I should have constructed a larger mental satchel to hold the kind words and compliments. But as a nurse, the constant, unending introspection — “Could I have done more? Should I have reacted that way?” — manifests as a feeling of humility, compassion, and empathy.
Yet, the flip side of humility is considerably darker: the feeling that one is undeserving of the good and needs to work relentlessly harder. This makes us vulnerable to succumbing to a mental prison of our own making: an abundance of guilt and ceaseless worrying.
On reflection, I feel that luck led me through the prison gates, through each heavy, leaden door, past the grey cement blocks, in search of myself. Jail has allowed me, early in my career, to discover my professional identity as a nurse, as well as explore and broaden my capacity for empathy and compassion. The correctional environment has also fostered my eagerness and enthusiasm to do good, form trusting nurse–patient relationships, and make a difference in the lives of vulnerable and marginalized people.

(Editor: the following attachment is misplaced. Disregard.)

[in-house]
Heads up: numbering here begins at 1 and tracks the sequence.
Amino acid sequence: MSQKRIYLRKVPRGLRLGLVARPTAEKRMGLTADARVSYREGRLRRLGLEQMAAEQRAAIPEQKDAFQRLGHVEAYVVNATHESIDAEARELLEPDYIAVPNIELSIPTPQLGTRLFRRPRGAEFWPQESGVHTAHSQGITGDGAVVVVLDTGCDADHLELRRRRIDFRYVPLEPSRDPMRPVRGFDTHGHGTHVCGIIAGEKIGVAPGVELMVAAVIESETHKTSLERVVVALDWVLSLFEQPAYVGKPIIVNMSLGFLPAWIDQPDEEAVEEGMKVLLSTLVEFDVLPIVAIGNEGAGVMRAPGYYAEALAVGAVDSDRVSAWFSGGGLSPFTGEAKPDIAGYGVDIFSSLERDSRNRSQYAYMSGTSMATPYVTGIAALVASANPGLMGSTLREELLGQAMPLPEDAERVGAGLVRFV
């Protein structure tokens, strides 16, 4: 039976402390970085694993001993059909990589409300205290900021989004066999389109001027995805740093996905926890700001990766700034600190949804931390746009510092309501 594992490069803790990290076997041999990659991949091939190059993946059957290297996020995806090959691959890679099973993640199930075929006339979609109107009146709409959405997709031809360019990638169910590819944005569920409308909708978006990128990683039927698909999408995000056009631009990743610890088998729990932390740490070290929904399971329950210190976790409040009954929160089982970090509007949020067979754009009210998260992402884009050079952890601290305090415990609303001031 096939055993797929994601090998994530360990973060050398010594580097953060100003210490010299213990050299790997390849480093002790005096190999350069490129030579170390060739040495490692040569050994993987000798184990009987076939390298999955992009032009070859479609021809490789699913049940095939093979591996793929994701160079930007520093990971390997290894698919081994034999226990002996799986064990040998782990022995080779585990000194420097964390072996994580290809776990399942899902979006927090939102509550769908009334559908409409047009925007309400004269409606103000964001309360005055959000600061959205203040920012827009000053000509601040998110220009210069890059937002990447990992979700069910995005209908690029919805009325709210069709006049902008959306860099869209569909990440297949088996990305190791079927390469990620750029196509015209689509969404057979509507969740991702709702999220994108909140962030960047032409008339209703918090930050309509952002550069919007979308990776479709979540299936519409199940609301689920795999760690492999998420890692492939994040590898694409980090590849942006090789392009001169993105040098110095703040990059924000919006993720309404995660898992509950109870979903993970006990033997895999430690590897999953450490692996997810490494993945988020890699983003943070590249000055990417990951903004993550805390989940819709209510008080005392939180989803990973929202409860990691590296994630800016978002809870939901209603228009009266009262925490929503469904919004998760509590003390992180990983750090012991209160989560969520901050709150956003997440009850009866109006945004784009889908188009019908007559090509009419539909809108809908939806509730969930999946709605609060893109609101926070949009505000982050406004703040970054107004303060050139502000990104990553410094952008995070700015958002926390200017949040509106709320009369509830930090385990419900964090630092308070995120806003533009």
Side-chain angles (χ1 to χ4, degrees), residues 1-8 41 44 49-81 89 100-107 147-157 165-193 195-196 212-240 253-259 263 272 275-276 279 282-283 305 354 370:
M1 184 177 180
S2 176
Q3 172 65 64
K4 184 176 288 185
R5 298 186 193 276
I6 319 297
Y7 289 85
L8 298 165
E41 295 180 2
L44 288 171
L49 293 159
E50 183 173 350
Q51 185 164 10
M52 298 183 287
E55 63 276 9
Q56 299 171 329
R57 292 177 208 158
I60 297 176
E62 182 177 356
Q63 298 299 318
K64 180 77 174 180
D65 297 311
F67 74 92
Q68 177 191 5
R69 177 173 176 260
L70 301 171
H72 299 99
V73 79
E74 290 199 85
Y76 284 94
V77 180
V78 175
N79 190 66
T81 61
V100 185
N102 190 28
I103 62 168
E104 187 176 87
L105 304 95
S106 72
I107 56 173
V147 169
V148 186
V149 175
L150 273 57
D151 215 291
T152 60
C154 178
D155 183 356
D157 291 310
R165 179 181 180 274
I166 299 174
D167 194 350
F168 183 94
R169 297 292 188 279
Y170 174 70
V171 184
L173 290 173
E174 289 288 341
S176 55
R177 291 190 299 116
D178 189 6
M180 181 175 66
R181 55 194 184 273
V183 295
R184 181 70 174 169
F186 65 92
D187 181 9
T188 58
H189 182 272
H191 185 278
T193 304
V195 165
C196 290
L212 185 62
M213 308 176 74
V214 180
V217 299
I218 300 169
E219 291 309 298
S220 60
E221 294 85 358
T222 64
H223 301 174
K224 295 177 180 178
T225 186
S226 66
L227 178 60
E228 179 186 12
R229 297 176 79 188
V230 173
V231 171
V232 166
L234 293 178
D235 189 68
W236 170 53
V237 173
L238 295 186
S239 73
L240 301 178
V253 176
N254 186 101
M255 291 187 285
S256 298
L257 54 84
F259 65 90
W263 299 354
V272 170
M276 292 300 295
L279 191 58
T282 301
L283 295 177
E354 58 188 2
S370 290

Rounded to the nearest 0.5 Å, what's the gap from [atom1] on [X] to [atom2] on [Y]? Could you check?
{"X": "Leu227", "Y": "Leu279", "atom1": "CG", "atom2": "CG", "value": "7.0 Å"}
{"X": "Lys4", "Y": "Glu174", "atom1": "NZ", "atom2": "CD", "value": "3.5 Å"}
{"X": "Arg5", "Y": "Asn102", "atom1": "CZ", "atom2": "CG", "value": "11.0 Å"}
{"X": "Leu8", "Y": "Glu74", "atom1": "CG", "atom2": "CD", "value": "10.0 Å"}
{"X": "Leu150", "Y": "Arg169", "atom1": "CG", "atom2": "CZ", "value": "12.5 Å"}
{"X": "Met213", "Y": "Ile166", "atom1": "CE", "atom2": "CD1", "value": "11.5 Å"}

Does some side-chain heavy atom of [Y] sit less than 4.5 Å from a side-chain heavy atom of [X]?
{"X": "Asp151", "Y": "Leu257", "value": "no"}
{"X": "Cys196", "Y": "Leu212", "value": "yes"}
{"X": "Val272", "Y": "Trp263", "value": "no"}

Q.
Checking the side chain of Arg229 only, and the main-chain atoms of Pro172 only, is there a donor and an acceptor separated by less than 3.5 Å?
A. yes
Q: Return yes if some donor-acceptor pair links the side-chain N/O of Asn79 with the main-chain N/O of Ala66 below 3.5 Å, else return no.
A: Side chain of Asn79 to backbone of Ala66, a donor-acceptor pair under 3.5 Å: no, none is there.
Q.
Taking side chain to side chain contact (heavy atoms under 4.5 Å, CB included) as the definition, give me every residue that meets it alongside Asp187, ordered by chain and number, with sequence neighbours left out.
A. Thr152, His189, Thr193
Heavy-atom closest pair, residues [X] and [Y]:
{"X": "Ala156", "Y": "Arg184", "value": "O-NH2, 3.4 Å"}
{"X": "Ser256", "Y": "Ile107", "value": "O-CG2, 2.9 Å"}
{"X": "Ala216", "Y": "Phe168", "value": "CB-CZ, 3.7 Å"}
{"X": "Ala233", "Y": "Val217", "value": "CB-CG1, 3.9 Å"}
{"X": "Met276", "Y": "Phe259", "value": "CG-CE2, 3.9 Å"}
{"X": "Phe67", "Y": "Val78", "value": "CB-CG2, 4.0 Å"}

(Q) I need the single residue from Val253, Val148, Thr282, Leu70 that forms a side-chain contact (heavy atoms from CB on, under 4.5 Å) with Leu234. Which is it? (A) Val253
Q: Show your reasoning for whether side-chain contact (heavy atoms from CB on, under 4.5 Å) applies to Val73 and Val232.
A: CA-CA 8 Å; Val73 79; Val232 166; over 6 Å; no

As a nurse, I took a pledge to care for the sick and the injured, which includes the victims and perpetrators of crimes. At times, these groups are starkly distinct. Other times, a translucency occurs, in which the difference between the two groups is obscured. In a correctional facility, the individual seeking medical attention before me is distinctly clothed in correctional coveralls. I am keenly aware of the individual’s circumstances, whereas in the community setting, I may be acutely unaware.